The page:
The evolution of shopping occasions for UK grocery shoppers


The evolution of shopping occasions for UK grocery shoppers

We tend to look at our industry through a short lens—whether we’re looking forwards or backwards. The future has always been quite hard to paint with the certainty that big decisions often require, but the value that (relatively available) history brings to the table is too often underestimated.

Without it, we can easily miss the context we need to make the best choices.

A closer look at UK shopping occasions

Context provides perspective, and perspective reduces risk.  We all want to do the latter, but I would argue that we rarely invest in a good enough lens.  Worse, we often don’t know when it’s not the right one. 

Over the last couple of years there’s been much said about Great Britain’s households shopping increasingly frequently, but if we look back far enough, we can see that, at a top line level at least, we’ve all but made it back to pre-pandemic levels.   

If anything, we’ve found a level just shy of where it was before. 

Re-examining UK shoppers’ “new normal”

As shoppers, the rhythm to our grocery shopping for many years was relatively consistent; slowly evolving at best, rather than rapid change.  And why would it be any different? We mostly fit groceries into and around our lives, not the other way around. 

Lockdown brought the shock and reset to our routines that, to a certain degree (and with a pinch of cynicism) the grocery industry had been claiming had happened regularly in the years prior— but finally we had some notable change to our behaviour, albeit quite forced.   

And with the subsequent societal and lifestyle changes that have followed, what’s fascinating is just how long it’s taking us to find that “new normal,” that, again with some cynicism, has been repeatedly announced for 3 years now. 

But shopping frequency finding a similar level to before doesn’t tell the whole story and without the fuller picture you can very easily miss an opportunity. 

Beneath the surface are some shifts in the types of trips — the missions — we make:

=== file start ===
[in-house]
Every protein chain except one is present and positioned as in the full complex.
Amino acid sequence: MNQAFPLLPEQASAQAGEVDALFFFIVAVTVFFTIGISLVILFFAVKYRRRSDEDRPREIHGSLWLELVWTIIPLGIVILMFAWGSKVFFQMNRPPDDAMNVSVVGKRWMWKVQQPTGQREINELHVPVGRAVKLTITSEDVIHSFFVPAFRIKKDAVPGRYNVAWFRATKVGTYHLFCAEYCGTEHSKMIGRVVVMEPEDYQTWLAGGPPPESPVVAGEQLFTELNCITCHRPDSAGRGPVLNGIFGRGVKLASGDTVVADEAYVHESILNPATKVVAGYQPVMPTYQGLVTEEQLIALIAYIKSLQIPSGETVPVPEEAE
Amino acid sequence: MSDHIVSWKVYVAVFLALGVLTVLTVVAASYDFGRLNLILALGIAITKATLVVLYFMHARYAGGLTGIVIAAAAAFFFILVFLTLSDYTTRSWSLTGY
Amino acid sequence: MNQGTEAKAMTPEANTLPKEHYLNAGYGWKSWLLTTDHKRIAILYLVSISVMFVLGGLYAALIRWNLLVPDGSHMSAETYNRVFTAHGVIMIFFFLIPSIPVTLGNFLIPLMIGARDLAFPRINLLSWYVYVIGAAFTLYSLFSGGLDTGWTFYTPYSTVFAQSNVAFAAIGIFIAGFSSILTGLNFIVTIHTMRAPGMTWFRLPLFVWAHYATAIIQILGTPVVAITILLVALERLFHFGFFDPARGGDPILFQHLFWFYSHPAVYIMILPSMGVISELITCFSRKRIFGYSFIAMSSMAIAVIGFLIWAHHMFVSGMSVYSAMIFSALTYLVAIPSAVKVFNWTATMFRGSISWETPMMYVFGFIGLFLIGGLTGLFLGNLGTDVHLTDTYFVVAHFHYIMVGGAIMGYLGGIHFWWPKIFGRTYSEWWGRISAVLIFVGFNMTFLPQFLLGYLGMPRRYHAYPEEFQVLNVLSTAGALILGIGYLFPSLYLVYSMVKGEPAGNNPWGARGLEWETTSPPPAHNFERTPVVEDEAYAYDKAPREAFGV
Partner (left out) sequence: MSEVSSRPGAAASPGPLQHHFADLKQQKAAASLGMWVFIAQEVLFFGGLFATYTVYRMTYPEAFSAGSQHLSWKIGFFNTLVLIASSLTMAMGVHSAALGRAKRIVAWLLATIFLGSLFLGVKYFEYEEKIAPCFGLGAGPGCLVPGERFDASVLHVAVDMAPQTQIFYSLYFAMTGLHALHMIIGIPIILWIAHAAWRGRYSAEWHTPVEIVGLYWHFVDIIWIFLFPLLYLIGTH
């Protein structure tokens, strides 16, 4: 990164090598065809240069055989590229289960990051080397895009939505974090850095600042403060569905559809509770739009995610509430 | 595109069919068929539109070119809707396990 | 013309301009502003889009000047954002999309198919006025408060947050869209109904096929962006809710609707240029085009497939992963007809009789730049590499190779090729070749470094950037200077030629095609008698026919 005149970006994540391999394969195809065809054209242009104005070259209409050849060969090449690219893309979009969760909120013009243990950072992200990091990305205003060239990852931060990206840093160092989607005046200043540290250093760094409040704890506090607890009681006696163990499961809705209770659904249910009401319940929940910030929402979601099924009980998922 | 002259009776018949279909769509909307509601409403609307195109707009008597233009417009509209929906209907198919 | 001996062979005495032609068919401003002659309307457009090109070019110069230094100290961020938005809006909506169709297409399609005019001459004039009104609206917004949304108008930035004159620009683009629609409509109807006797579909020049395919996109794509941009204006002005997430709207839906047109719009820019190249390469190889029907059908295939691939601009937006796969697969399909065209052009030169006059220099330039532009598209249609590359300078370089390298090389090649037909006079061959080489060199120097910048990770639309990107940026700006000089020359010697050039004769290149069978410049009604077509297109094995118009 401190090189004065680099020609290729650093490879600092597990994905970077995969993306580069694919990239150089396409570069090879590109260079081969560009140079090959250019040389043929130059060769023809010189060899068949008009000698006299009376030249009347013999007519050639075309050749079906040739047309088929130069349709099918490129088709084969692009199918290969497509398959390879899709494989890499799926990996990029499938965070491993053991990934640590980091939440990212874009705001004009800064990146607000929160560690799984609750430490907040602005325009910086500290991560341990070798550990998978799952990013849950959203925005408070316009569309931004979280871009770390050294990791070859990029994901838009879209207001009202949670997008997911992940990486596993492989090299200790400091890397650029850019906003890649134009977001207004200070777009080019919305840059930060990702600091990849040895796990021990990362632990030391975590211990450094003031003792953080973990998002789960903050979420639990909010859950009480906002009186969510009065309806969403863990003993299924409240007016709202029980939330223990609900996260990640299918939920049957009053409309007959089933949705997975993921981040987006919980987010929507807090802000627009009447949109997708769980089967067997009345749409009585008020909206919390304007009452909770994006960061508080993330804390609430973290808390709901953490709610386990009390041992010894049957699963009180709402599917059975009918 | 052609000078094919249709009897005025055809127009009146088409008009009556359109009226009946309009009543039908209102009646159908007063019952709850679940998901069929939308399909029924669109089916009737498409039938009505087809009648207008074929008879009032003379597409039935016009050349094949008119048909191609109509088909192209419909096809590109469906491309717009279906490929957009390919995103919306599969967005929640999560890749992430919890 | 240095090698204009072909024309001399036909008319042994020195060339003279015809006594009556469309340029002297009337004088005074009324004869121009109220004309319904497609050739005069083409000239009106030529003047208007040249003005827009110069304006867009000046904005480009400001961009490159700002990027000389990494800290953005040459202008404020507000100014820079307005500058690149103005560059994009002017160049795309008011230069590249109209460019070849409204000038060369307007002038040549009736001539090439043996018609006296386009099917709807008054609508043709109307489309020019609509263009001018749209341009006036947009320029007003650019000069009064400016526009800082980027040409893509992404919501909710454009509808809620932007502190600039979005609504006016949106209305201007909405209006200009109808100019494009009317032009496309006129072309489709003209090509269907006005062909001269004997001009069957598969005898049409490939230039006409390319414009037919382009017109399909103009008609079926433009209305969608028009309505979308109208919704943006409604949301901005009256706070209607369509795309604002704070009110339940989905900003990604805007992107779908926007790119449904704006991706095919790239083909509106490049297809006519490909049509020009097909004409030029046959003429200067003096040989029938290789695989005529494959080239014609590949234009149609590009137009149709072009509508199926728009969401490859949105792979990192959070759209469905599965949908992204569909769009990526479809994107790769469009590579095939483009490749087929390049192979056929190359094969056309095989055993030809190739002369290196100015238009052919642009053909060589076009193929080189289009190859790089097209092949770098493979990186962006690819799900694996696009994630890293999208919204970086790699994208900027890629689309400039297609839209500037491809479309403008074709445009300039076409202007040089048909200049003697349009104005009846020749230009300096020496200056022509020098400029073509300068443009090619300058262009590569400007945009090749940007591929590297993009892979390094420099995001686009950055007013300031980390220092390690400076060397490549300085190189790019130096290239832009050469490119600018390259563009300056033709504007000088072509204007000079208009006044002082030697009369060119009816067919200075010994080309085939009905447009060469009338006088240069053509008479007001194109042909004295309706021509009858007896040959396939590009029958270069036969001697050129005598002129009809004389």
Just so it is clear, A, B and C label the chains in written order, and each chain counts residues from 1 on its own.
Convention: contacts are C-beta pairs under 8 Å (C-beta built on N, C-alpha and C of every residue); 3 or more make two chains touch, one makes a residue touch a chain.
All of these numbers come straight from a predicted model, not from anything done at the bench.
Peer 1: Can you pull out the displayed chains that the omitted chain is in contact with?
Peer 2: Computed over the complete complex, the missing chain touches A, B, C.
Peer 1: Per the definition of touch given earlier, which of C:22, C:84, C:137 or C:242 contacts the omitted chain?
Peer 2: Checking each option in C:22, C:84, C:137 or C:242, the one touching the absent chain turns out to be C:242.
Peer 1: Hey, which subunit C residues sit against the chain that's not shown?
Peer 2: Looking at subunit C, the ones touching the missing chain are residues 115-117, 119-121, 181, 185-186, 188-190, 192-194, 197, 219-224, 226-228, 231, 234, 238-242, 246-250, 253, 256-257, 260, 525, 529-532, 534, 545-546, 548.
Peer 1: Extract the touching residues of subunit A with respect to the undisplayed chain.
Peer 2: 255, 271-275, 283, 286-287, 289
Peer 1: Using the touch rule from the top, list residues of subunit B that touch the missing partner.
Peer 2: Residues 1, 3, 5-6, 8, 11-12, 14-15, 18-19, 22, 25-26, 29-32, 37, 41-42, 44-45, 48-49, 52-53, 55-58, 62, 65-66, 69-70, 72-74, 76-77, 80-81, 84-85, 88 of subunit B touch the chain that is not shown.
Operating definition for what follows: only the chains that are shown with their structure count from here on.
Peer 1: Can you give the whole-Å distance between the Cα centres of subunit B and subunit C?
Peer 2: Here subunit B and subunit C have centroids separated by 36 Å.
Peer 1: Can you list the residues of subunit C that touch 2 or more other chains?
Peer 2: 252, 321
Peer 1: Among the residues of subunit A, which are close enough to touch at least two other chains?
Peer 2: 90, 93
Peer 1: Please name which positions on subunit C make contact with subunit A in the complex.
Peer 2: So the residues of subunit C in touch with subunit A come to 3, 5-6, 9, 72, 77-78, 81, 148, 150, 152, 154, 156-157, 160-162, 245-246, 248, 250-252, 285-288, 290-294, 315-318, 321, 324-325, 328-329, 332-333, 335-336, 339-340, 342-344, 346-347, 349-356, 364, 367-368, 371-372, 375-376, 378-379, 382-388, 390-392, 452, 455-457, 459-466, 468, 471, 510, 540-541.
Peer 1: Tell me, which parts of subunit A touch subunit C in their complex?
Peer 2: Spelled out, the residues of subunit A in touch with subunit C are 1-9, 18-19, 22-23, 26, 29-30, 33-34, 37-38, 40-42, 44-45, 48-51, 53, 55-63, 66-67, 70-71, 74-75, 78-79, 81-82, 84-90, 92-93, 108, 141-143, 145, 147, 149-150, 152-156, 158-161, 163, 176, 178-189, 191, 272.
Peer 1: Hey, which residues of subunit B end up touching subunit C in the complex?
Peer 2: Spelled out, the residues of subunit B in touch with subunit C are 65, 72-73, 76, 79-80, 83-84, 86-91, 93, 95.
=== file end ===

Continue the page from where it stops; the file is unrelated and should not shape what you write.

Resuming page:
A closer look at UK shopping occasions

There are some very relatable things we can read from the chart above – both then and now.

When we imagine grocery shopping, we tend to think of large trollies and long receipts, but in fact we’re much more likely to shop for a more immediate need (a treat for today, dinner for tonight, targeted non-food) with an average spend around £10 and under.

Yes, in terms of spend, the large trips punch a bigger hole in our wallets, but there is a significant dynamic we shouldn’t ignore.

In the blink of an eye, we now spend nearly 30% of our money on trips to satisfy our more immediate needs—trips with an average spend of around £10, with our spending on the larger trips reducing.

Looking ahead…..

In the last couple of years, smaller, focused trips have clearly gained significance, and as they do, a supporting “weekly refresh” also gains traction.   If we play this forward … 

Immediate needs will dominate

… within 5 years we could easily see a much more even balance in our investment in the extremes, our “immediate vs. future needs.” Beyond that, we could easily see “stocking up” play a relatively minor role in our psyche.

If anything, these are underestimates – applying recent trends in behavior to what the current marketplace offers – and as the industry double clicks on this more we’d expect a much faster progression than indicated above.

They’re also based on total spending on all groceries taken home – in store and online, which makes you stand up and think even more.

It’s around the corner:

  • Only 1 in 20 trips to a supermarket of a nature that requires significant spend, a big trolley, a big car, even.
  • ¾ of a shopper’s annual spend on groceries for things they want and envisage now (or soon), not later, or in case

The industry has much food for thought in order to best connect how shoppers plan and think about their groceries with the experience and choices they can make in store. A real shift in “what have we got in”, to “what do I fancy” – boom time for marketing and innovation.

You may have heard this before, but the signs are clearer than ever, if you use the right lens.

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